WASHINGTON (AP) — Federal regulators on Tuesday charged a former partner at Deloitte & Touche LLP and his wife with insider trading, accusing the couple of providing confidential information on company acquisitions to relatives overseas.
The Securities and Exchange Commission announced the civil charges against Arnold McClellan and his wife, Annabel, who live in San Francisco. The SEC alleged in a lawsuit that the McClellans gave advance notice of at least seven acquisitions planned by the accounting firm's clients to Annabel's sister and brother-in-law in London, Miranda and James Sanders. The SEC said James Sanders' trades off the confidential information reaped profits of $3 million.
Annabel McClellan, 38, was arrested Tuesday by FBI agents on criminal charges of obstructing the SEC's investigation of the case. The indictment, handed up by a federal grand jury in San Francisco on Nov. 23, was unsealed Tuesday. McClellan appeared in federal court and was released on a $250,000 bond; she is scheduled to be in court again on Dec. 14.
The McClellans, through their attorneys, disputed the SEC's civil charges and said they would contest them in court.
The agency is seeking unspecified fines and restitution from them.
Arnold McClellan, 51, headed one of Deloitte's regional mergers-and-acquisitions teams, giving him access to highly confidential information, the SEC said. He provided tax and other advice to clients who were considering acquiring companies. He was a tax partner at the firm from 1995 to 2008, according the complaint.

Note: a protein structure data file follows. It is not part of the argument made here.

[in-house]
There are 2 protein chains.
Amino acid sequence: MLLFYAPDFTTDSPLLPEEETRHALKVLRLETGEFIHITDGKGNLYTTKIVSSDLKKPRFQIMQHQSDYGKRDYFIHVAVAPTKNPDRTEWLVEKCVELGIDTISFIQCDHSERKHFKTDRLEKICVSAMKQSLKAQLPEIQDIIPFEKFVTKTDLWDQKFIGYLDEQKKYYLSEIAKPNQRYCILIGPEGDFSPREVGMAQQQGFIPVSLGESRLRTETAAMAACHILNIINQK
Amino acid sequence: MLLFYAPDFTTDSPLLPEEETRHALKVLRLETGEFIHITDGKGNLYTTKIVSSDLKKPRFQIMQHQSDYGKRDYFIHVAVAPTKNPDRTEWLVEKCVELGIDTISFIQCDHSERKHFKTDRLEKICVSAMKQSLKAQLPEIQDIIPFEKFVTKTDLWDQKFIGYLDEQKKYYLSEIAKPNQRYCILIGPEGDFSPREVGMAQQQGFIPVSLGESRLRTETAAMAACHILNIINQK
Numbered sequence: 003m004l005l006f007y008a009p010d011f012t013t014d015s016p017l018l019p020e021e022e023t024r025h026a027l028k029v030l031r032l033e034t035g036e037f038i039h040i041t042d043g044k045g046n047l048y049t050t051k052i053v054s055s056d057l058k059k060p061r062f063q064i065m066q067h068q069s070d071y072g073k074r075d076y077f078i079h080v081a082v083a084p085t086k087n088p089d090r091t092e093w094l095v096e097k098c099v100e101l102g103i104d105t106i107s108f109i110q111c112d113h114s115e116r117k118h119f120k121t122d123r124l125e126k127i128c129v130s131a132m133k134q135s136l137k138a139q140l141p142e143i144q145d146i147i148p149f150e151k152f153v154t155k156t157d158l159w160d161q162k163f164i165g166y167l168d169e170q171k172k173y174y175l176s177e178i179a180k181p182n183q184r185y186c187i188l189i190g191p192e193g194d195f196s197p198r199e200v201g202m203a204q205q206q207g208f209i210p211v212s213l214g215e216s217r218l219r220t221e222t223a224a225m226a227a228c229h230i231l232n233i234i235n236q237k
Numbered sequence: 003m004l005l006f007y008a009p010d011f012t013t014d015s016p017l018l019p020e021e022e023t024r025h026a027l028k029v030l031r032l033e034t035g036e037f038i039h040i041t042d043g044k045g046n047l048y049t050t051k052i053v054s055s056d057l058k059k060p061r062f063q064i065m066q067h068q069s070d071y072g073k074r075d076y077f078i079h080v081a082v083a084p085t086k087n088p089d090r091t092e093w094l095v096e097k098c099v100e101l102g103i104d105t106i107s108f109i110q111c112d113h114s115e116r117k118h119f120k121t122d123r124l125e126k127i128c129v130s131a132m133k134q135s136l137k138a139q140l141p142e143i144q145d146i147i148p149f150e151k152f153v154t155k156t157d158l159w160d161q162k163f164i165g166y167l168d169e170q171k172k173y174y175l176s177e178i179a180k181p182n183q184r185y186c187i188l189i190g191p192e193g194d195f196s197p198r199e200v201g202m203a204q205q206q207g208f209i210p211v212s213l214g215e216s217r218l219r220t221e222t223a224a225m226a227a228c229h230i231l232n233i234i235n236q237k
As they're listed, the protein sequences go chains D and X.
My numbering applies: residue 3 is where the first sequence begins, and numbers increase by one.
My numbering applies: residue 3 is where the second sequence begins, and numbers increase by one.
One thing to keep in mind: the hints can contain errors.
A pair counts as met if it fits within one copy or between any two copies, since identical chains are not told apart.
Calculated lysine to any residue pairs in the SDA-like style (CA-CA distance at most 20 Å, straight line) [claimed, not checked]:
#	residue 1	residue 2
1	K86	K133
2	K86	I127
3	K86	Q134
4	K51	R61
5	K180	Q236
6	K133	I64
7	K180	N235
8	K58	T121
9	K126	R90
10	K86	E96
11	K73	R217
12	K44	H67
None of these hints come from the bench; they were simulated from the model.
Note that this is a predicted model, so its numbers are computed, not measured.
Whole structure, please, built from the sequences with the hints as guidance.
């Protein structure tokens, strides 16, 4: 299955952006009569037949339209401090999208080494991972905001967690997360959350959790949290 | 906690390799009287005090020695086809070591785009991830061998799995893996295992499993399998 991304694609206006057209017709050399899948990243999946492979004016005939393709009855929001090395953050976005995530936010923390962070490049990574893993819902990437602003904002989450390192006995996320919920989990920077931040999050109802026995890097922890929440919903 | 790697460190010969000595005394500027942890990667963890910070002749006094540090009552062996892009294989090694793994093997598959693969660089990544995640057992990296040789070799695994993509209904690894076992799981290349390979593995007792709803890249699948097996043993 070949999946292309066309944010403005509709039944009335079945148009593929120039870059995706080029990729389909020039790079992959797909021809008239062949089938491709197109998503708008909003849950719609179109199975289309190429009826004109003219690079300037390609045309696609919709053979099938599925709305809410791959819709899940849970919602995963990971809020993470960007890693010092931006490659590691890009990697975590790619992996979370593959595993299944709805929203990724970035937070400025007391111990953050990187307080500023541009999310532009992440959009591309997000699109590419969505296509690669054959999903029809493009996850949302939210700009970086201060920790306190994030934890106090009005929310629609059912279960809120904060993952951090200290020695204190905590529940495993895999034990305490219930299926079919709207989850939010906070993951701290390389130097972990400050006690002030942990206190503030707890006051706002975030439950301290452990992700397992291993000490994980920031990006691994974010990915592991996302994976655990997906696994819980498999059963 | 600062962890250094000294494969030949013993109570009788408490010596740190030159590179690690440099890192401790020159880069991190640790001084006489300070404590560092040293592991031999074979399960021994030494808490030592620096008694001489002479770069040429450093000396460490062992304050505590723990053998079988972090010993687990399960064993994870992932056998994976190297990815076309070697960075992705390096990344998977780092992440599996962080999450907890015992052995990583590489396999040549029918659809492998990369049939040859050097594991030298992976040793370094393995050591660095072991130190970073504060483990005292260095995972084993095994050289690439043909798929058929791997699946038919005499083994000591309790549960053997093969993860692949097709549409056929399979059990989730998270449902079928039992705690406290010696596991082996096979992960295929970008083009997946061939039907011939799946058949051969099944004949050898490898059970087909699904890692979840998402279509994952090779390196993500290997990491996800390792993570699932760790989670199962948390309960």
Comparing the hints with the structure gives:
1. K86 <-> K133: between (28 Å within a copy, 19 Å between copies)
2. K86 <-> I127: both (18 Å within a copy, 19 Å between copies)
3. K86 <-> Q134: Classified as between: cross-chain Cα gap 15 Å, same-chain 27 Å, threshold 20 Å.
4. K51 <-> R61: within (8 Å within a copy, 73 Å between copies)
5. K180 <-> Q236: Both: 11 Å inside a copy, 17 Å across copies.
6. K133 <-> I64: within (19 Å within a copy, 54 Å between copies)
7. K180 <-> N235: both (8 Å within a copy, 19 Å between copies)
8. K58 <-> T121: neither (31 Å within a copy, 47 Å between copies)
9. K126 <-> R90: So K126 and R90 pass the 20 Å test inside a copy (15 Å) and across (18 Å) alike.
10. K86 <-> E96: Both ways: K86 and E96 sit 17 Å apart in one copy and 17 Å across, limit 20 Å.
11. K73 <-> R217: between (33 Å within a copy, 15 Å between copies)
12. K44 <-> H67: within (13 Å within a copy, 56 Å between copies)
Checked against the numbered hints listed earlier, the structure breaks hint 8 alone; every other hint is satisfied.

"If the (SEC) allegations prove to be true, they would represent serious violations of our strict and regularly communicated confidentiality policies," New York-based Deloitte said in a statement. "Deloitte is committed to safeguarding non-public client information and has cooperated with the SEC throughout its investigation. The SEC does not allege any wrongdoing by Deloitte in this unfortunate matter."
Britain's market regulator, the Financial Services Authority, announced charges Tuesday against the Sanders and colleagues of James Sanders to whom he passed the confidential information, the SEC said. The people who received the information from Sanders made about $20 million from trading on it, according to the SEC.
The information concerned pending transactions involving Kronos Inc., aQuantive Inc. and Getty Images Inc., the SEC said.
"Deloitte and its clients entrusted Arnold McClellan with highly confidential information," Marc Fagel, director of the SEC's San Francisco office, said in a statement. "Along with his wife, he abused that trust and used high-placed access to corporate secrets for the couple's own benefit and their family's enrichment."
Elliot Peters and Christopher Kearney, attorneys for Arnold McClellan, said in a statement that he denies the SEC's claims "and will vigorously contest them."
"He did not trade on insider information, and there will be no evidence that he passed along any confidential information to anyone," the statement said. "He had no financial incentive to commit the actions alleged. He is a conscientious, law-abiding professional with a 23-year unblemished track record of client service at Deloitte to prove it. We will see the SEC in court."
Annabel McClellan's lawyer, Nanci Clarence, said her client "denies these allegations and did nothing wrong."
"She did not trade on nor did she possess insider information," Clarence said by telephone.